Transforming the Business School Through Donor Relationships

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Tuesday, February 26, 2019
By Moez Limayem
Photo by iStock
Ensuring that your school's mission resonates with the people in the community is an important beginning to forging business partnerships.

As the dean of an incredibly dynamic business college, I have focused much of my energy on creating strong relationships with the outside business community. We have forged these close, working partnerships with many corporate CEOs, business owners, and successful entrepreneurs, and the result benefits everyone: them, us, and our students.

Our partnerships have drawn us closer to each other. They provide internships for our students and jobs for our graduates. Most importantly, these bonds result in donations that pay for student scholarship, faculty research, and so much more. As a result, fundraising must be made a priority for academic leaders who recognize that a steady stream of donations makes for scholastic success and allows them to do what state or other regulated funds cannot.

For example, at the University of South Florida’s Muma College of Business, many of our privately funded scholarships pay for our students to study abroad, a key element in their education. We have private funding that pays for additional research across multiple disciplines, advising, and upgraded, state-of-the-art teaching tools. It was a donation that paid for a video wall in our building and, partially, for the 21st-century equipment in our interdisciplinary research center that’s about to open.

How do academic leaders get these gifts? We let the world know about our missions and visions and how they lead to the success of our students and faculty. We convey those well-defined aspirations to our alumni, our business community, our corporate partners, and all our stakeholders. This publicity is extremely important; the mission of the university or college must resonate with the people in the community.

Strong relationships with donors create opportunities for engagement with the students whom their gifts benefit. For instance, we host an annual Muma College of Business Scholarship Luncheon where donors have the opportunity to sit with students who are the beneficiaries of their largesse. This allows donors to see exactly what their gifts do and whom they help, and it allows these grateful students to express their thanks in person.

Transformational donations, ones that name buildings, centers, or programs, really help university leaders achieve the success spelled out in their missions and visions. They come from alumni, like Lynn Pippenger, who donated millions and whose name is on our accounting school and the building that houses the Kate Tiedemann College of Business in St. Petersburg. Baron Collier, whose name is on our student success center, is an alumnus, as is Mohamad Ali Hasbini, whose donations to our Doctor of Business Administration program have resulted in his name on the DBA suite.

Transformational donations also come from those who are not alumni. Local entrepreneurs and businesspeople dedicated to certain causes in the community can be keen to contribute to its success and improvement. For example, Jeff and Penny Vinik made a multimillion-USD donation that benefits our sport and entertainment management program, and we put the Vinik name on that program. Jeff Vinik has degrees from Duke University and Harvard Business School, and Penny Vinik earned degrees from American University. Dick Corbett, an alumnus of Notre Dame, handed us a check that paid for the video wall, in what he stresses is for the students and the students alone. Kate Tiedemann donated millions to USF’s business college in St. Petersburg, though she never attended a single class there.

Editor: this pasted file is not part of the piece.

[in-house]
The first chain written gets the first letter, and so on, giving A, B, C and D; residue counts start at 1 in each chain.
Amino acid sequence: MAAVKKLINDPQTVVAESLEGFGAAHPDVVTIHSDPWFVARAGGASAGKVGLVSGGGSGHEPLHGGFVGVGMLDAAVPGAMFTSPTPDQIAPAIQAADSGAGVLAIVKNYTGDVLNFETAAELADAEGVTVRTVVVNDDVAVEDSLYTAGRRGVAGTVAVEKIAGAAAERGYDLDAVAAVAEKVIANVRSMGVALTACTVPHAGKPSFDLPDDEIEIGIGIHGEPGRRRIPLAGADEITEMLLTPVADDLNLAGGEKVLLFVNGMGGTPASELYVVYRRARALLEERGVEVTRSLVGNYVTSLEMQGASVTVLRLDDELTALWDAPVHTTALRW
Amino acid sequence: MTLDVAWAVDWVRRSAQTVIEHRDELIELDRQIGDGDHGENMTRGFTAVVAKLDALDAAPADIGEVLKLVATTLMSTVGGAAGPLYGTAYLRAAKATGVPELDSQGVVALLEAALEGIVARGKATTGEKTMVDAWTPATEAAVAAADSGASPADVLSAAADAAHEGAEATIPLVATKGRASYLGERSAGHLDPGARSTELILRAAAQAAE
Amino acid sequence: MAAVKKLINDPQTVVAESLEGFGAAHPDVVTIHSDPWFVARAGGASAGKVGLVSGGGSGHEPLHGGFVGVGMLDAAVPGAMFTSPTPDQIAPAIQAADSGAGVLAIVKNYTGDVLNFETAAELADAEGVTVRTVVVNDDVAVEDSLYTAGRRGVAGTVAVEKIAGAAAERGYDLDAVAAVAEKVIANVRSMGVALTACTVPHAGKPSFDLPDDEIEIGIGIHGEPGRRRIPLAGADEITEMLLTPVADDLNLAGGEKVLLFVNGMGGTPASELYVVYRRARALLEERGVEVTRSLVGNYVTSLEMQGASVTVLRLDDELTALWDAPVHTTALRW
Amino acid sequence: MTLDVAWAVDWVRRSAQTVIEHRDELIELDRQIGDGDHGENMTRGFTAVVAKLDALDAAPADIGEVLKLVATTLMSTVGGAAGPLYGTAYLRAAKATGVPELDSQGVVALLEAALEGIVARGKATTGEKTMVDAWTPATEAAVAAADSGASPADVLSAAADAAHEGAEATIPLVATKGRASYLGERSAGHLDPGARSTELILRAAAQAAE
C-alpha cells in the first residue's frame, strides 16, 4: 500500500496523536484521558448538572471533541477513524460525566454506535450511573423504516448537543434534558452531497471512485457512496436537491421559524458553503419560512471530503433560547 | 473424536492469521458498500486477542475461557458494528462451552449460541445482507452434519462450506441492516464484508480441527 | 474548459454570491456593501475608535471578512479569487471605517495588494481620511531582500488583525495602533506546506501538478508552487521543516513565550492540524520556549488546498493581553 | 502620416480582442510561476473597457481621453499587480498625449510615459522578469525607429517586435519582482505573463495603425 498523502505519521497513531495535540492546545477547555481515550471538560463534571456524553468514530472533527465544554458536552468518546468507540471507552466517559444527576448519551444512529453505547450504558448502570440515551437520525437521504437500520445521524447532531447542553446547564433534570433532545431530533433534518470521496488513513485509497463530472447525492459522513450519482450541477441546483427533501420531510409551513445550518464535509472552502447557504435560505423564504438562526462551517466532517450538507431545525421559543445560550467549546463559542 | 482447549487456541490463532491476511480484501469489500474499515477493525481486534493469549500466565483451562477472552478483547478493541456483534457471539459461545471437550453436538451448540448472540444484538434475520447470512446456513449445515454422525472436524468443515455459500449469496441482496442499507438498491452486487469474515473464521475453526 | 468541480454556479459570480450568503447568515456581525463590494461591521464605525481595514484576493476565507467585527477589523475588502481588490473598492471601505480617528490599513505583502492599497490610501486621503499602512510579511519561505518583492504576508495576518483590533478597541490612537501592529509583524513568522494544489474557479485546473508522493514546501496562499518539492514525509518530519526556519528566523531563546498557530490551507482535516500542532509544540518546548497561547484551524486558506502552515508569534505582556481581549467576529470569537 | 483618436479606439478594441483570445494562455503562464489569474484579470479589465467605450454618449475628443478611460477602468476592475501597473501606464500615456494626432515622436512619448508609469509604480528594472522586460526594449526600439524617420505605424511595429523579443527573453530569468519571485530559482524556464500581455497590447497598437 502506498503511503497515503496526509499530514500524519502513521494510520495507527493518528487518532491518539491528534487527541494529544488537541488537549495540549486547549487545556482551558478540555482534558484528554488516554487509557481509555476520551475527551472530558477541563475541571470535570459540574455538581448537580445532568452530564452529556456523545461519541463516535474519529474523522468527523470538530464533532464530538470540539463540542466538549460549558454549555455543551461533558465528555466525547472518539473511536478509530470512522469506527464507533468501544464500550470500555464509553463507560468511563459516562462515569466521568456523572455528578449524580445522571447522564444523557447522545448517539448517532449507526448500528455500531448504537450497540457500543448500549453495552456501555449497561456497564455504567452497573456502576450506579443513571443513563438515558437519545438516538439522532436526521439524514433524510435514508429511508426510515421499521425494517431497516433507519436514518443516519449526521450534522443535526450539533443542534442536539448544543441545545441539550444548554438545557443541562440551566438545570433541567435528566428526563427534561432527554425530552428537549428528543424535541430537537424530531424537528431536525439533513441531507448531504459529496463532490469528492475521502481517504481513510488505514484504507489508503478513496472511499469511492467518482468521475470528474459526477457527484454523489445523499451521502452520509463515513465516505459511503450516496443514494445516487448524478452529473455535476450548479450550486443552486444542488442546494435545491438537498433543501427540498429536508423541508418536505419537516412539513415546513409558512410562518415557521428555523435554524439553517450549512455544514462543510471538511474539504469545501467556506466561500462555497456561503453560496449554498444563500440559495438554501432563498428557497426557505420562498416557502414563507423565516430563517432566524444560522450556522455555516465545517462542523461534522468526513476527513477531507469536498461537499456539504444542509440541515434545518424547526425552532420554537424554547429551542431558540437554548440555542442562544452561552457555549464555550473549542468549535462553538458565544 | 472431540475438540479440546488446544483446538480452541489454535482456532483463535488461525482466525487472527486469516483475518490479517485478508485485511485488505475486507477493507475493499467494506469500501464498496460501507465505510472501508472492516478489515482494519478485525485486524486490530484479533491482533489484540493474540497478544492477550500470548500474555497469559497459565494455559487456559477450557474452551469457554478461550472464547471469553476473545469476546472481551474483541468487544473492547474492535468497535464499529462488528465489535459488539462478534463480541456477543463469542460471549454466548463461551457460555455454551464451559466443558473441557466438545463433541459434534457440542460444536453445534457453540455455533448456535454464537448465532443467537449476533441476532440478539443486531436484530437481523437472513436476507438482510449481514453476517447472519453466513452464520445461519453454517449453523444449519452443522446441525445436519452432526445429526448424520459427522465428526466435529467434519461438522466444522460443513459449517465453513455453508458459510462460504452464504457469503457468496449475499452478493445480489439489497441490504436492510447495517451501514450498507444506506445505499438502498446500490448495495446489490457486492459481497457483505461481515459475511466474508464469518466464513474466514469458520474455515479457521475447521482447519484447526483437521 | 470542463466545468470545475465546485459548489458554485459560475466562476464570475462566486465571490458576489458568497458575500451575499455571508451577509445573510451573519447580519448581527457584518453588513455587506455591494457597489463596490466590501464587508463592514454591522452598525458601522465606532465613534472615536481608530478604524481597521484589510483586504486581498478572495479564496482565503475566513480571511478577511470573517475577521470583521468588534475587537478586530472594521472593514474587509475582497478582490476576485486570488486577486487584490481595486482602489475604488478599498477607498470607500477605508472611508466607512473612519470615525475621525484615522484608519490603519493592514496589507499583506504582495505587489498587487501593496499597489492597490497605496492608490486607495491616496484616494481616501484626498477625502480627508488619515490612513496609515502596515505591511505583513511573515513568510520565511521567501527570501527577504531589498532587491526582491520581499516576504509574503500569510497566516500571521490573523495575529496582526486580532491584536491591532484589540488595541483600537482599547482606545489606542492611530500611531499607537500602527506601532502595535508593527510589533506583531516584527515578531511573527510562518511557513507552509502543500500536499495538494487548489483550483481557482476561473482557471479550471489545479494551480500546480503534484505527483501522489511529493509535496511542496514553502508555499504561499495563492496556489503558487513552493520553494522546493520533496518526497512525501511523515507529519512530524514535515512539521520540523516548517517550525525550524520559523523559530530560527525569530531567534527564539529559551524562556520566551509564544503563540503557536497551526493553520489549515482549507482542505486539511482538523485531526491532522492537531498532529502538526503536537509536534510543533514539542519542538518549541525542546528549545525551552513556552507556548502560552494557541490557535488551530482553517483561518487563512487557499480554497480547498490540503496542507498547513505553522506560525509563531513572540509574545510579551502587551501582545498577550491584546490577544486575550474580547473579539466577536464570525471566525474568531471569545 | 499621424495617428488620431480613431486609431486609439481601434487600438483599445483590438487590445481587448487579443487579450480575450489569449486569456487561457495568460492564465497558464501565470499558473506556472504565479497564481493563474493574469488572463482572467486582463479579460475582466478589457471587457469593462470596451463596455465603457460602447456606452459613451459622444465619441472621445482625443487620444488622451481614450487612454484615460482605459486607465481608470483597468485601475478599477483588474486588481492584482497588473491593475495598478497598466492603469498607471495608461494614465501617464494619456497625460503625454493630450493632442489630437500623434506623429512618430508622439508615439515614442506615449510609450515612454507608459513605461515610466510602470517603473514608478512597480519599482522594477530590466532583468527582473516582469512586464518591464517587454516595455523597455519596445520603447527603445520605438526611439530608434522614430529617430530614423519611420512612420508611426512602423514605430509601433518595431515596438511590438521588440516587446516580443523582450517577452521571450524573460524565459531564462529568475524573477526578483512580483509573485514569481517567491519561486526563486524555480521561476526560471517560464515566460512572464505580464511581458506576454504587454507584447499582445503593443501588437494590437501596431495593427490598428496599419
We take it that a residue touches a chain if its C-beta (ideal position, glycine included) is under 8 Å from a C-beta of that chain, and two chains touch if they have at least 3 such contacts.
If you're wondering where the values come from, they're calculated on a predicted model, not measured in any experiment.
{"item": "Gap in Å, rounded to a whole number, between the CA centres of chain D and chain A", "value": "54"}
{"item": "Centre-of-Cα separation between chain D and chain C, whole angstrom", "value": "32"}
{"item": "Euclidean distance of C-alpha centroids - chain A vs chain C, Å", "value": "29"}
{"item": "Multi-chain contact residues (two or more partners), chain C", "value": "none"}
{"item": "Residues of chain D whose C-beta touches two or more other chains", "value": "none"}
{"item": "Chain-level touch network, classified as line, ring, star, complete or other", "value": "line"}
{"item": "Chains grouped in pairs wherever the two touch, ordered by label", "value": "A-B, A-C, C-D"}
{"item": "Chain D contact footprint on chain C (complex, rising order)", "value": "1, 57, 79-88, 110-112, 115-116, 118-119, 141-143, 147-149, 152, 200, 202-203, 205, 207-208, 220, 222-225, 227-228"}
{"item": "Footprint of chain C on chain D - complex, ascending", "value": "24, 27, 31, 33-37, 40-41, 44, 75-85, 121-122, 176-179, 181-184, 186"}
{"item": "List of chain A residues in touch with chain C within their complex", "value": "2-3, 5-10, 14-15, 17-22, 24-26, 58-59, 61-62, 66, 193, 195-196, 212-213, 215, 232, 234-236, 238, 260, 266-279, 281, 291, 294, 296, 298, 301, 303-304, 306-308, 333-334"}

Transformational gifts often lead to named spaces, programs, or initiatives; yet they are not transactional in that we don’t say “Thanks and goodbye” after the checks are signed. Donors who make transformational gifts do so because they want to make a difference and be involved. Successful academic leaders who accept such gifts must work to build strong relationships with these donors. Invite them to be on advisory boards, to judge student competitions, or to give guest lectures. Entice them to attend homecoming parades and college events. Usually, such donors are eager to take part in these activities. Pam and Les Muma and Lynn Pippenger are regular riders on the Muma College of Business float during USF’s annual homecoming parade, relishing the chance to toss strands of beads to thousands of students along the parade route. 

All of our gifts, large and small, are greatly appreciated. They reflect not only the donors’ generosity but their recognition of our mission, which simply put, is student success. They see that we are focused on our students getting the best possible education in whatever field they have chosen and that their degree will translate into well-paying and fulfilling positions upon graduation. It is that mission—not the brick and mortar and name over the door—that compels philanthropists to give to this worthy cause.

It may be true that a business college can churn out degrees without partnering with outside business communities, but the education of our students would suffer, as would their job prospects after graduation. Rather, we must forge these symbiotic relationships so that the education we offer is properly funded, well rounded, and complete. We must weave our students into the tapestry of the outside business community. With that intertwining, our students’ success is assured.

Moez Limayem
Dean, Muma College of Business, University of South Florida
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